South Bay-based Intel to open third factory in Israel

When Silicon Valley-based high-tech giant Intel pondered where it should place its next factory, Israel gave them a reason to look to the Jewish state. Well, actually, 520,000,000 reasons.

Israel’s $520 million grant toward the $3.5 billion factory in Kiryat Gat, about 40 minutes southwest of Jerusalem, sealed the deal for Intel, which already is as ubiquitous a presence in Israel as Gold Star Beer or Jerusalem stone buildings. While Intel is based in Santa Clara, it’s had a presence in Israel for more than three decades, ever since co-founder Dov Froman, an Israeli, successfully lobbied for a design center to be opened there in the 1970s.

In Israel “the infrastructure is already in place. We have a highly trained Intel workforce and they know how we do things,” said Chuck Mulloy, corporate spokesman for the company’s technology manufacturing group.

“From an Intel perspective, it’s a hotspot because we’ve been there so long. The education system, the support from the government and a very well-accomplished workforce — our experience there has built on itself.”

Intel announced Dec. 1 it would immediately commence construction on its third Israeli factory. It already has another plant in Kiryat Gat, one in Jerusalem and research-and-development centers in Haifa and Tel Aviv.

In industry jargon, the third plant will be known as a 300-millimeter-wafer fabrication facility. At the facility, Intel will be able to place hundreds of millions of transistors onto cards roughly the size of a fingernail. Intel is now able to place components only 45 nanometers apart from each other; a human hair, for comparative purposes, is about 1,000 nanometers thick.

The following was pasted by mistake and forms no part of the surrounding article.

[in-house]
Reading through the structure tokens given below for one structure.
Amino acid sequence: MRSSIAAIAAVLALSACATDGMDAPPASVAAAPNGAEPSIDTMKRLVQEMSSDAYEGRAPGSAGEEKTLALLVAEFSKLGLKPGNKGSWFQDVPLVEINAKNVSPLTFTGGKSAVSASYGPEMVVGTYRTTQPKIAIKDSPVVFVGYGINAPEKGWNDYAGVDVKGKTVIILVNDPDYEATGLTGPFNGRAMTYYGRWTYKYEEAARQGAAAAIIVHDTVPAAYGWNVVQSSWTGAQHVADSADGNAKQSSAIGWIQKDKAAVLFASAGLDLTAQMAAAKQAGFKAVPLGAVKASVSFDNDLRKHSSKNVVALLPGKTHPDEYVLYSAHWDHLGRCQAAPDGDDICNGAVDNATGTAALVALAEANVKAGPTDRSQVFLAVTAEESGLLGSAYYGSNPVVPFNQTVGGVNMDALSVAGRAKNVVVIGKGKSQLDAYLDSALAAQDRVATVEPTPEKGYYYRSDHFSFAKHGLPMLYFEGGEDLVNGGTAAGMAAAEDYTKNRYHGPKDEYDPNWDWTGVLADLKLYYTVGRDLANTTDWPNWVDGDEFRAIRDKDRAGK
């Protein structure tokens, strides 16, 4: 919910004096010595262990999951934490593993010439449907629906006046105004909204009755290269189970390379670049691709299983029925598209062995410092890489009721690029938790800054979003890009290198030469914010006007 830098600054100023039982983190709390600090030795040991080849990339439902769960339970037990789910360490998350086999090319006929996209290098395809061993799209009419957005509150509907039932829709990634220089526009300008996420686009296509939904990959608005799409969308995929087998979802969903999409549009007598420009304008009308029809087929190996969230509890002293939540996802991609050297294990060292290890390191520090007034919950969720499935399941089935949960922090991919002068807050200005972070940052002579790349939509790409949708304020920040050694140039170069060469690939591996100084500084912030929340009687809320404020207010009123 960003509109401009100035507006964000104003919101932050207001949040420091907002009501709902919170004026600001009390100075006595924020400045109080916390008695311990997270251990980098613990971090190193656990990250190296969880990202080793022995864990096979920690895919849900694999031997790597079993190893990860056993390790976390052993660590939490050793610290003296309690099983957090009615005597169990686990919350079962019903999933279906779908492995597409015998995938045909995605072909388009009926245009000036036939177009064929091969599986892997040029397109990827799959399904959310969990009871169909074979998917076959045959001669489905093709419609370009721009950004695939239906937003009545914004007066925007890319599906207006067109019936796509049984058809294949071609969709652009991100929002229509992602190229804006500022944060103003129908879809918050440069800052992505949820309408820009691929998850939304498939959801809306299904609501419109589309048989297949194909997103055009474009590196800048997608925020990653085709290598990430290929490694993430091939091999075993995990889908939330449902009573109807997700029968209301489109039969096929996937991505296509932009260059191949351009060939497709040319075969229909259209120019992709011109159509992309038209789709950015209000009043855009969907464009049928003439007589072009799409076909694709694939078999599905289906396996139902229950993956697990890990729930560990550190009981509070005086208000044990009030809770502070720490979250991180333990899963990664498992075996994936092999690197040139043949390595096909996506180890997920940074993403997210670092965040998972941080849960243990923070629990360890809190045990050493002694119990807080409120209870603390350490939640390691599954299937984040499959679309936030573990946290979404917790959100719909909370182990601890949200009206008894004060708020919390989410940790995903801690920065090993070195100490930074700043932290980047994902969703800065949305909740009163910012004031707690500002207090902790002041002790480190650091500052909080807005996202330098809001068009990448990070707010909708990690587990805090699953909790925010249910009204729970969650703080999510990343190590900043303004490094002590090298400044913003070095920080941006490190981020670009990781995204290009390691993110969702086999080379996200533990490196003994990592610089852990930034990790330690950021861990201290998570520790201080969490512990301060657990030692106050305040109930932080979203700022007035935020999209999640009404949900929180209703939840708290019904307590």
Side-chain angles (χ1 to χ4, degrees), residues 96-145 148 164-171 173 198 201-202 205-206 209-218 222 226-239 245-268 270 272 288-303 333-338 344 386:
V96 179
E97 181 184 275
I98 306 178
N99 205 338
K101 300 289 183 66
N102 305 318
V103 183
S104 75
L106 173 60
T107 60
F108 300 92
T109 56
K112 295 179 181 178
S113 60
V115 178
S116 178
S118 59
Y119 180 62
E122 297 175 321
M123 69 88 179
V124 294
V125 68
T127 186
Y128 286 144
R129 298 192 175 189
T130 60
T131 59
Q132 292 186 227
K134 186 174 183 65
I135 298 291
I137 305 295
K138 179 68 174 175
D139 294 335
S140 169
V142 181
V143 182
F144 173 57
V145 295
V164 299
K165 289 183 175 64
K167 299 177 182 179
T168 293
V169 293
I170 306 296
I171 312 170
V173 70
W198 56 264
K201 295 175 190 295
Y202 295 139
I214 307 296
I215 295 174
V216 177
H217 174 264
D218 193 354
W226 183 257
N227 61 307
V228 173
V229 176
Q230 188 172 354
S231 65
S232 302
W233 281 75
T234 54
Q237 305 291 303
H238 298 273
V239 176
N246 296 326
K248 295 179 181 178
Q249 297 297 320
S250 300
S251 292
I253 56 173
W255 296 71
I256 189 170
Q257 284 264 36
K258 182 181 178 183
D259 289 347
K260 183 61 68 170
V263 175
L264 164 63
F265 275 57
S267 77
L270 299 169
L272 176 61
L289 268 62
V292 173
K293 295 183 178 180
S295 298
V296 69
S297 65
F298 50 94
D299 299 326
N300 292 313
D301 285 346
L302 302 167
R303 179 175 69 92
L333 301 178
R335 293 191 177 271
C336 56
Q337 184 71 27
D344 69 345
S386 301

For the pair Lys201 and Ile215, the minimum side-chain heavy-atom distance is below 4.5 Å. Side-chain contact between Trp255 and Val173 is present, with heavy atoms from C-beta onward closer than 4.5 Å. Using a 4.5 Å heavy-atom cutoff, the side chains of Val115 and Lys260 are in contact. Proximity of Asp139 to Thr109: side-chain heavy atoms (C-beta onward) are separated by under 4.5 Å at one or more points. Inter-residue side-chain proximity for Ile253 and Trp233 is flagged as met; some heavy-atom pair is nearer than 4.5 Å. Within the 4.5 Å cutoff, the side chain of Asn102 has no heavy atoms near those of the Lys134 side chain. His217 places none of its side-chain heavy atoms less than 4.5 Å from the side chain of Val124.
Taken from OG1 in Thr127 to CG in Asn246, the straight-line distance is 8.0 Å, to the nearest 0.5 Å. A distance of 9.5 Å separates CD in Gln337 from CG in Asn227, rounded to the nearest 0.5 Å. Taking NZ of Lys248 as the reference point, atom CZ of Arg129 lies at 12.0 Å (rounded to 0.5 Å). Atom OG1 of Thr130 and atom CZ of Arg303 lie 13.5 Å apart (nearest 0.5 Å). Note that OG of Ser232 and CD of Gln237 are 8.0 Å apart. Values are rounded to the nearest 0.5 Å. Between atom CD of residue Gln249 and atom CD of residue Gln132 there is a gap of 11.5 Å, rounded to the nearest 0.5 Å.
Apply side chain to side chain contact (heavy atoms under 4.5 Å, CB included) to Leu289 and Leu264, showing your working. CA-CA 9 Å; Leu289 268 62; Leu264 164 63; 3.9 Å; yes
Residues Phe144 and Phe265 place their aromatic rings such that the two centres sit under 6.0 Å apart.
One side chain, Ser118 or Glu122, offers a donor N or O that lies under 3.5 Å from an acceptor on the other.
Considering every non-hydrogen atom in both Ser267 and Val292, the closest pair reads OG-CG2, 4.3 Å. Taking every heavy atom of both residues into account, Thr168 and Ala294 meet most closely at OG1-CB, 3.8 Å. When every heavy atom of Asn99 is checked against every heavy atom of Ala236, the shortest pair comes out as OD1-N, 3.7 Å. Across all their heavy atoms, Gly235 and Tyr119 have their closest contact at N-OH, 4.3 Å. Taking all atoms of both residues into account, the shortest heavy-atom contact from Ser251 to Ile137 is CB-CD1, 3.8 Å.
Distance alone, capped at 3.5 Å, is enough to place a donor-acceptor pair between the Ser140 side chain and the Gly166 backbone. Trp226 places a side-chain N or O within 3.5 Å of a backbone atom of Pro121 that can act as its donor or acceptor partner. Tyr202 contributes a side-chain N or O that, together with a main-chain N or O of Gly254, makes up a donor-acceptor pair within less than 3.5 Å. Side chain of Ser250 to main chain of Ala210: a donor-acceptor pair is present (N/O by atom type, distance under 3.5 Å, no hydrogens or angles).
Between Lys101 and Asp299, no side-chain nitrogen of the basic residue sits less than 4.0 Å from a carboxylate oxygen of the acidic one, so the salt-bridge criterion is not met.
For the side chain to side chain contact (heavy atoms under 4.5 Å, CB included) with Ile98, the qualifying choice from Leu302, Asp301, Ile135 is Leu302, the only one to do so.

Intel currently employs about 5,000 Israelis, and Mulloy said the new 200,000-square-foot factory will provide 2,000 new jobs. Within a few years, he predicts one new computer out of five worldwide will contain Israeli-crafted components.

In years past, Intel had taken some heat in certain sectors of the world for its strong Israeli ties, but Mulloy claimed that has died down recently. The company has poured millions into research and development facilities across the Arab world and has opened technology centers in the West Bank and Gaza, as well as cementing partnerships with Palestinian universities.

Intel will put about $3 billion of its own money into the Kiryat Gat factory. Mulloy noted that about 70 percent of the factory’s cost went to the individual tools utilized in wafer technology. Each tool costs between $1 million and $4 million, and hundreds are needed for each factory.

Joe Eskenazi

Joe Eskenazi is the managing editor at Mission Local. He is a former editor-at-large at San Francisco magazine, former columnist at SF Weekly and a former J. staff writer.